Wednesday, August 19, 2009

Subjunctive mood... not long for this world?

I was asked about the subjunctive, which is used with statements that are "contrary to fact" (like "If I were you," because I am not you, as REM reminds us)-- is it still with us? Yes, it is, but maybe not for long.

Here's an example:
"He would have preferred that Richard was there with him."

The question was: Would you use "that Richard were there . . . "?

The most common time to use the subjunctive is after "if", but "prefer" and "wish" and similar "not true" words will call for the subjunctive. It's also used after verbs like "advise" and "suggest"--
"I suggest that he join the club."
In subjunctive, you use the verb part of the infinitive, that is, without the to-- (join, not to join).

With "to be", it's just "be," and that's the most common.

So "I'd advise that he be invited to join the club."

But when the statement is contrary to fact, you use the past tense, not the present tense:
So above, since Richard isn't there, I'd go with "were".
"He would have preferred that Richard was there with him."
This indicates that something isn't true-- it's preferred or wished, but it's not true.

So "If I were you," but "If I am right." (I -could- be right. It's been known to happen. But I know I am not you!)

However, the use of this seems to be dropping away. Language tends to move towards greater complexity, and then towards greater simplicity (especially when many people learn it AFTER childhood-- kids can learn any complexity because their brains are so malleable, but adult learners need the rules simplified). The subjunctive is complex and hard to explain (I know-- tried to teach it to a decade's worth of students :), and so it will probably disappear in the next generation. After all, it's generally clear when a statement is contrary to fact, so there doesn't actually HAVE to be a marker of it.

So use the subjunctive now, because it will likely be gone in a couple decades.

This is the sort of thing that, if you do it right, you're marking yourself as good at grammar. But if you do it wrong (if you use subjunctive with a true statement, for example), it's worse than not doing it at all. But this is another thing that an editor isn't likely to hold against you-- just something we expect to fix in the line edit or copy edit. So while I'm happy to explain this, I'd say, don't sweat it. It's not that big a deal. Take all those brain cells you might have devoted to the subjunctive, and use them instead to recognize and fix dangling modifiers. :)

Stephen Pinker's The Stuff of Thought, btw, is a great book for explicating the changes in language.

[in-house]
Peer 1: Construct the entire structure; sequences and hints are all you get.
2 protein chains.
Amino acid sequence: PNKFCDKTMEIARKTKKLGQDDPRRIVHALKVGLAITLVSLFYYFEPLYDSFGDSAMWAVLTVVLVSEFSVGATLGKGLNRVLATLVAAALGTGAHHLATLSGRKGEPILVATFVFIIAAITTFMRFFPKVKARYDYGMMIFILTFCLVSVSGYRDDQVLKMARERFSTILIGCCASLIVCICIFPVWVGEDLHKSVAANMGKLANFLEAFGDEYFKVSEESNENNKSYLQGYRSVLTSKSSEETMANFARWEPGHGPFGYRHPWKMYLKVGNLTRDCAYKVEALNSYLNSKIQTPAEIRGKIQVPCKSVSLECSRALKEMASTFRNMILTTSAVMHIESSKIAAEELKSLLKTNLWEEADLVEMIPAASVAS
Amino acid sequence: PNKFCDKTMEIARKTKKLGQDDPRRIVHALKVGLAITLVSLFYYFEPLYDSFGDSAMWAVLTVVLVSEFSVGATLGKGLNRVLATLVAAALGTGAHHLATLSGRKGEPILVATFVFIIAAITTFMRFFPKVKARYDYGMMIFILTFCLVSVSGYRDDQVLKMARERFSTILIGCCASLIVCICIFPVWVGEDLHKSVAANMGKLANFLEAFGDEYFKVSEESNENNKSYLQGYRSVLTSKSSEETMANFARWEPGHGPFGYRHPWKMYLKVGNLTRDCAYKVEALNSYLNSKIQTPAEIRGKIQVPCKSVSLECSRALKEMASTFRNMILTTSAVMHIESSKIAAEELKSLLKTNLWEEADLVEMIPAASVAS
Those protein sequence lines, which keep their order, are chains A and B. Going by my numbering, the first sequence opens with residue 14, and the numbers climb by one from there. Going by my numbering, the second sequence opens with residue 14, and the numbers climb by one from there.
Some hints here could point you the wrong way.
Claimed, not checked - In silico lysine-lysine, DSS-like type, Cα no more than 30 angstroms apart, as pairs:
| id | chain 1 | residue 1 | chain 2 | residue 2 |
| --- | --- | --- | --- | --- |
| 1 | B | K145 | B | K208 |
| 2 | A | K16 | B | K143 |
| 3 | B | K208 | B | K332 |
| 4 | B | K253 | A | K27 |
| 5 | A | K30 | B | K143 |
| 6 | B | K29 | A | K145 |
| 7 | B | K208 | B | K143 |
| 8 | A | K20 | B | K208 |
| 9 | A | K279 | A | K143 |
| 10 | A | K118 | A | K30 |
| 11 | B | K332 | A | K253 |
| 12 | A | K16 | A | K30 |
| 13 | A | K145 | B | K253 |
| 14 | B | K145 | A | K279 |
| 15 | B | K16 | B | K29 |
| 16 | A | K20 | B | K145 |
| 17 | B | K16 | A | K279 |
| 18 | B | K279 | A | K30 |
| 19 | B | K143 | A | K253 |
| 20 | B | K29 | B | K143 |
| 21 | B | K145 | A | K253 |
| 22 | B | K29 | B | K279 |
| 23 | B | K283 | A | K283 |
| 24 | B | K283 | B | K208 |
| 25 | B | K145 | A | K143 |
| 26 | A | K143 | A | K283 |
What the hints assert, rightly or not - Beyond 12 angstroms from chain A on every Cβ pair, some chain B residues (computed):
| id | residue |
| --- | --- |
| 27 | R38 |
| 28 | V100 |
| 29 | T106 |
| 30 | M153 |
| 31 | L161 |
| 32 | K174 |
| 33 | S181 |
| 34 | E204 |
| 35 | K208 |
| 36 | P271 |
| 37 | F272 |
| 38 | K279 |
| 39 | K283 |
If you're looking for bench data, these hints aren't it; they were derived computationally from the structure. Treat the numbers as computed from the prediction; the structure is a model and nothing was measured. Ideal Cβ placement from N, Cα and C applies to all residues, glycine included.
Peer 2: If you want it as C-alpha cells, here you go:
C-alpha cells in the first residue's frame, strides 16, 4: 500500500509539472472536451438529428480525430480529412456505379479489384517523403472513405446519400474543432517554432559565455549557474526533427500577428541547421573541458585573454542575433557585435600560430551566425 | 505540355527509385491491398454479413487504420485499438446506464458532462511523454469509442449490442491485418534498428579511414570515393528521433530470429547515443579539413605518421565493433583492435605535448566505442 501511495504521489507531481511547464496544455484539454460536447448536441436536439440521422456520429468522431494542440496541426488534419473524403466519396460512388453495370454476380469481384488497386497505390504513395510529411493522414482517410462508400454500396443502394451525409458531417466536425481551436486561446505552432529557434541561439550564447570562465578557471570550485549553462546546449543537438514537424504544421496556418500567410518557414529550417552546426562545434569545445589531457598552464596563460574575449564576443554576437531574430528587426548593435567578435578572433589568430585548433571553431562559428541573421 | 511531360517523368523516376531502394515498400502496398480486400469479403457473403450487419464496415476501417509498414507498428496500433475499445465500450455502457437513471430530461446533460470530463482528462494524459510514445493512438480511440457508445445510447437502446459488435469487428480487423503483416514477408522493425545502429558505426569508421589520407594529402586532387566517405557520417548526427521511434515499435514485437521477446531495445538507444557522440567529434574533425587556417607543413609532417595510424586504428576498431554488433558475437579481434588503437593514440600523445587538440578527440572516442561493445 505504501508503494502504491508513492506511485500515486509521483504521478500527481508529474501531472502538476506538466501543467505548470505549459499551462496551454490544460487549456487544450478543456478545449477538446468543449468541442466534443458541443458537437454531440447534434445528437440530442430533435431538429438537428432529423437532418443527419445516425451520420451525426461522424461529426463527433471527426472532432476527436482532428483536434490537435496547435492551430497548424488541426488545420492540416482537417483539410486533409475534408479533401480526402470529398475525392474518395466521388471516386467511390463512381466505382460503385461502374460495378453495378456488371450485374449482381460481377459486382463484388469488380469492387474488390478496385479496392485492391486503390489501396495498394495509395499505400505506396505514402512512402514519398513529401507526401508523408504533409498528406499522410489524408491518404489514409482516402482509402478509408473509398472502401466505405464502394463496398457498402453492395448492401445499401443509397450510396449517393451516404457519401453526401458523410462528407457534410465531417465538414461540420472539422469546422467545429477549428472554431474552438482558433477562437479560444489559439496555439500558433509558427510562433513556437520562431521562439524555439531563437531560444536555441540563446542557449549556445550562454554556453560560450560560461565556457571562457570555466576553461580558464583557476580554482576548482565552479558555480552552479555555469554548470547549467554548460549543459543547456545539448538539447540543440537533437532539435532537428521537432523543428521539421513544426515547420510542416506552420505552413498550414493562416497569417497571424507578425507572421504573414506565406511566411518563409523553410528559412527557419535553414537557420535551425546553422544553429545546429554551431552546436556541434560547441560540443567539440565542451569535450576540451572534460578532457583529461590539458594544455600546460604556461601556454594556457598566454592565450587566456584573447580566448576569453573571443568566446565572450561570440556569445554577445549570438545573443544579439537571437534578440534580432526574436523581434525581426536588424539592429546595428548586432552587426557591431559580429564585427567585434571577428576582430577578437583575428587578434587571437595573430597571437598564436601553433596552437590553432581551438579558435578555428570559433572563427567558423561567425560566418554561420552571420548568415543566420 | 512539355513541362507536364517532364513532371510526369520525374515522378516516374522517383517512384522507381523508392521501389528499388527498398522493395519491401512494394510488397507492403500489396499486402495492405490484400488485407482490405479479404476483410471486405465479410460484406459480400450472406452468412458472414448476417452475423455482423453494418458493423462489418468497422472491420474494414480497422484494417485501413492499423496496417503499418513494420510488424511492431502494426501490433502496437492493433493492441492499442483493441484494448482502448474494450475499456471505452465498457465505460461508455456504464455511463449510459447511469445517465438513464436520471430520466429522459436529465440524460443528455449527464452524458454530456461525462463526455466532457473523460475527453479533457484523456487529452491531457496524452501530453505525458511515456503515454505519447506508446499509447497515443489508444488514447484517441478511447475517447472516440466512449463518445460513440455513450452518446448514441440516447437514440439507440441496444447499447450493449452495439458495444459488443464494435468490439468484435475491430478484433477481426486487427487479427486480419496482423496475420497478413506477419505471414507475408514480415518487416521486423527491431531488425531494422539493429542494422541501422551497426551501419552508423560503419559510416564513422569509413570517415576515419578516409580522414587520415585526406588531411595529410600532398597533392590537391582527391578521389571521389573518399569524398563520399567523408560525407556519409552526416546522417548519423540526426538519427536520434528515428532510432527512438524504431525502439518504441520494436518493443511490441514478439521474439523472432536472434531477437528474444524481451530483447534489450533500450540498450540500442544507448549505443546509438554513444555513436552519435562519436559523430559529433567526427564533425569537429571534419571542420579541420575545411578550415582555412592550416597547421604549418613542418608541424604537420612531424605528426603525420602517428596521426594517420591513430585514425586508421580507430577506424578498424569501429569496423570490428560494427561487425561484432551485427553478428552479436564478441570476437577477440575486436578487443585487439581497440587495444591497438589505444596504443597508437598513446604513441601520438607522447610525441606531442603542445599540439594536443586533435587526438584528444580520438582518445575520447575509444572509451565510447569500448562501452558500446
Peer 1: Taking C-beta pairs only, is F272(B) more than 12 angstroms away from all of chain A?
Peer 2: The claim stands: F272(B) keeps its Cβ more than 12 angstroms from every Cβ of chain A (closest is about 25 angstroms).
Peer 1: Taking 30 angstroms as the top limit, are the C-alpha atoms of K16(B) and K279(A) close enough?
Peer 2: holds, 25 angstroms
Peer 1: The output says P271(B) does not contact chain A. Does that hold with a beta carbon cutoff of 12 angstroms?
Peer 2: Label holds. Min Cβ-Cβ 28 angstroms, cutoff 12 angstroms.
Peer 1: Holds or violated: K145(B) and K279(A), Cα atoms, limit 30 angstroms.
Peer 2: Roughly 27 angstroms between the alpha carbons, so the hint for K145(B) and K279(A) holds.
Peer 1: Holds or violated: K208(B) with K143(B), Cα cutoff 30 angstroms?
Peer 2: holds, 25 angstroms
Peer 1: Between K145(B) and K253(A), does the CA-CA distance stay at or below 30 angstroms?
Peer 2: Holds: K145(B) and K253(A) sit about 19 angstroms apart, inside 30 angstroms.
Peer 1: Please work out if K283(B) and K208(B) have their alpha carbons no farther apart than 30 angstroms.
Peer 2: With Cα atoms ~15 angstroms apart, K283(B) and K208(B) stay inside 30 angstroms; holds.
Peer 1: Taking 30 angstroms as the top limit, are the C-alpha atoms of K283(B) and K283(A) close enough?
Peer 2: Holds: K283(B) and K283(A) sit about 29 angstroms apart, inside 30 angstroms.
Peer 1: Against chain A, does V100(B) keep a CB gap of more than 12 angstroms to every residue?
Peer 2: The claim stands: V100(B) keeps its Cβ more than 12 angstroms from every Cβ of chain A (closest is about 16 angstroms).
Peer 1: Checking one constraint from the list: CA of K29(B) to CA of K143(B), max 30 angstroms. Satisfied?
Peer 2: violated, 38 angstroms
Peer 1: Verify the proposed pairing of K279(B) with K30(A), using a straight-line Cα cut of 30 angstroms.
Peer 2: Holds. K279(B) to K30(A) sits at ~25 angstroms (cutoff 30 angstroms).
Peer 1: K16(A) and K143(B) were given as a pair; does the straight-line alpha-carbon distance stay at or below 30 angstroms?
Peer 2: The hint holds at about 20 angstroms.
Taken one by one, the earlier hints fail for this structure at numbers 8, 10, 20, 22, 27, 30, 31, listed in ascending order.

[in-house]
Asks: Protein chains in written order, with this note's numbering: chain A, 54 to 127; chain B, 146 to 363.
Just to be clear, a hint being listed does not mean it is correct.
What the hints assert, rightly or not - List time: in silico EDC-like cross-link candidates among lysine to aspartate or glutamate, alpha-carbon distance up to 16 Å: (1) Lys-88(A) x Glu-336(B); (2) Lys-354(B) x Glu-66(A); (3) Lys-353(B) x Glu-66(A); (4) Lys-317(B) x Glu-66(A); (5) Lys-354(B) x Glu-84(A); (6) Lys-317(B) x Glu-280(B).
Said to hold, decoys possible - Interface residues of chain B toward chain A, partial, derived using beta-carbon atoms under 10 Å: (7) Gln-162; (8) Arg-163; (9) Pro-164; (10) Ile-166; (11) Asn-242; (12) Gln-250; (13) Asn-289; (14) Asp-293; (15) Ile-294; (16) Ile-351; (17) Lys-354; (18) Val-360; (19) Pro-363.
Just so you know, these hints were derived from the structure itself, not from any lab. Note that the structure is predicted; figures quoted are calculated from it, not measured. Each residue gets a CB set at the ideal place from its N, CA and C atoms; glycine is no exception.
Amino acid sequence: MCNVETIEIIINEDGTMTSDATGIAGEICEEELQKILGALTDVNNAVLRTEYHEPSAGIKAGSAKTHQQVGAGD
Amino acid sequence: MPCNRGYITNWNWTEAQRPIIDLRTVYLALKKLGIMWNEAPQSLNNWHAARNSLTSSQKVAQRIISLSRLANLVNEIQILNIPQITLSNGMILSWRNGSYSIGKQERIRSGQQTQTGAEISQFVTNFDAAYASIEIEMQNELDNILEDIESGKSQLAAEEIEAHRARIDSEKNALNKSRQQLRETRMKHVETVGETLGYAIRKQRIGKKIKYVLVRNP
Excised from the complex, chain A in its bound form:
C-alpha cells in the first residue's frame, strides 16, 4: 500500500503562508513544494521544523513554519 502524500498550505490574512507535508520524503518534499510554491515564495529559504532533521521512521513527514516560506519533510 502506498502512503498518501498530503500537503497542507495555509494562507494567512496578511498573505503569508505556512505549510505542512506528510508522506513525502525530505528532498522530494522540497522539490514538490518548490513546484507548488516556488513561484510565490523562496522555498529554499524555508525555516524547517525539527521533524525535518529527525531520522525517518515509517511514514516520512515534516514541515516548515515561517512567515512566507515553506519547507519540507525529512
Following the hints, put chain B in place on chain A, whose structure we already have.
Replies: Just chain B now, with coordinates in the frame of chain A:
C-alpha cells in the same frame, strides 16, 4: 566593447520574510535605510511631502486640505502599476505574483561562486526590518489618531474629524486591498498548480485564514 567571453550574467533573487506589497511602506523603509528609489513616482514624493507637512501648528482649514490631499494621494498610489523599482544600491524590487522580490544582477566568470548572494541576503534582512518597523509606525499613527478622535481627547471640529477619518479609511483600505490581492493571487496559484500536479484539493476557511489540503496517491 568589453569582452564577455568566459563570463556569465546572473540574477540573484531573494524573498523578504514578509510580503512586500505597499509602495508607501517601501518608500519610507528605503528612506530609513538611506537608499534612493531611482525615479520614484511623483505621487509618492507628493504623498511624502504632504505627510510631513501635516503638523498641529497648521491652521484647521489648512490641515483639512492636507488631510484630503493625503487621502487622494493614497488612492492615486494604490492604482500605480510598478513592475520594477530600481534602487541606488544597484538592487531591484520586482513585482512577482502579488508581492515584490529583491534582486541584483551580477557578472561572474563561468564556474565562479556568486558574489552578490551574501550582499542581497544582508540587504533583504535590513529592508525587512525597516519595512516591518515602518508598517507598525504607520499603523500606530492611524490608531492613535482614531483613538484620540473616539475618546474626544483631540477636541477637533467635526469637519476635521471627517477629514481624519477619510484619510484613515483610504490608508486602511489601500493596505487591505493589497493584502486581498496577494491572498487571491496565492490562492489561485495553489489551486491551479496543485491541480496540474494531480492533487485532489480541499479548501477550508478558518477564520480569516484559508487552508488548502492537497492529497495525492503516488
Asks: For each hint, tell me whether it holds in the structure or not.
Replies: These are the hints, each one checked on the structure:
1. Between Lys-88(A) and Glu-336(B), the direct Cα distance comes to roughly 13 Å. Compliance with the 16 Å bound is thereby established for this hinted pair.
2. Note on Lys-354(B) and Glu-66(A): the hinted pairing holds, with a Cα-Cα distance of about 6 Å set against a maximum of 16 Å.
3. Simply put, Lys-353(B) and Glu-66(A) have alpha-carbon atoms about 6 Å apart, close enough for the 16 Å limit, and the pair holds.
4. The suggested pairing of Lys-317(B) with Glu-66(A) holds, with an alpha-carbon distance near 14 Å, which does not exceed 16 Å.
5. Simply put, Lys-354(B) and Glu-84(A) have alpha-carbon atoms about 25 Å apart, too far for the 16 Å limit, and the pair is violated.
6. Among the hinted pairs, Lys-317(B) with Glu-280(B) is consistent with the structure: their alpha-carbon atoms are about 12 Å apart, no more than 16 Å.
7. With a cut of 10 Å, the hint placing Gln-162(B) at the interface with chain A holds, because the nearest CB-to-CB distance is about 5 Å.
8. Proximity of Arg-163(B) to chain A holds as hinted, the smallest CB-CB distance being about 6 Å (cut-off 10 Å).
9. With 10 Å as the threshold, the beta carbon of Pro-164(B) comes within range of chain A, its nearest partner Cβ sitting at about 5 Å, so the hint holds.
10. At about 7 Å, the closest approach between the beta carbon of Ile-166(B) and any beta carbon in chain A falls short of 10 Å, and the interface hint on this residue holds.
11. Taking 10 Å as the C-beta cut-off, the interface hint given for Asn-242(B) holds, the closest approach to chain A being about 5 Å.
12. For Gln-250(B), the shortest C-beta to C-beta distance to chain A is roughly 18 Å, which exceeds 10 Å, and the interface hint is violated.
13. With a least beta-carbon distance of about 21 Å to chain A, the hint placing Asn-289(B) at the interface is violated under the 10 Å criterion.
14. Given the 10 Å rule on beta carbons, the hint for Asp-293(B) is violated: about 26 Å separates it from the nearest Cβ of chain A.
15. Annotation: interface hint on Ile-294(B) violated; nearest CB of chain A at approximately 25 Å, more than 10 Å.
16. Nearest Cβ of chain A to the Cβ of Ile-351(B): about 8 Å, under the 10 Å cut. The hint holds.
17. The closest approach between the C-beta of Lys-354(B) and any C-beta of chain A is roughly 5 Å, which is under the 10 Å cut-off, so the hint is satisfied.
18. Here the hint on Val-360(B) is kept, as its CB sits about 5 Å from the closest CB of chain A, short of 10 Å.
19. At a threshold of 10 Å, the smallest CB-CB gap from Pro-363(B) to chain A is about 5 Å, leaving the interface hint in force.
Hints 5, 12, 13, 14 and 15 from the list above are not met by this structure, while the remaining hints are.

Laura said...

I believe subjunctive mood will be here to stay, just some folks will ignore it.

And it will always bother me when they do -- it's part of my job as English prof and part-time editor to be annoyed by nerdy things like that.

Kelsey (Dominique) Ridge said...

As someone who has cursed the subjunctive mood in more than one language, I can honestly say that should the subjunctive fall from use in English -- and I hope that it does not -- I shall be very sad indeed. Intricacies like this one are one of the things that make English, though complicated, interesting and beautiful. And, I do believe that it adds to the meaning of the sentence. So, though many may ignore the rule, I believe it is a good one, and it will be a sad thing for it to be dropped.

Edittorrent said...

I'm holding the line on the subjunctive, too. I correct errors in mood routinely, but I must admit, in character dialogue, I sometimes leave the errors. Educated people use the subjunctive in speech, so some characters also would use it. Sort of a judgment call.


Edittorrent said...

I just want to point out that most editors are not going to dismiss you utterly as a writer if you don't always get this right.

What's interesting to me is how we DO get it right, without actually knowing the rules precisely. I think human ability to absorb grammar rules is amazing.


Jenny said...

I read a book by a linguist a while back that explained that languages move towards greater simplicity as more geographically diverse people with different accents speak them to each other.

Case endings are among the first things to go when a language, like Latin, spreads. None of the Romance languages have preserved them.

Languages spoken by people who don't encounter strangers much (as in the Slavic heartland) preserve their complex case structures better.

I don't know if it is true, but it sounded logical to me.

Robin Lemke said...

I really love the subjunctive and hope we don't lose it. The language will be poorer for it.

These grammar related posts are my absolute favorite - thank you for them!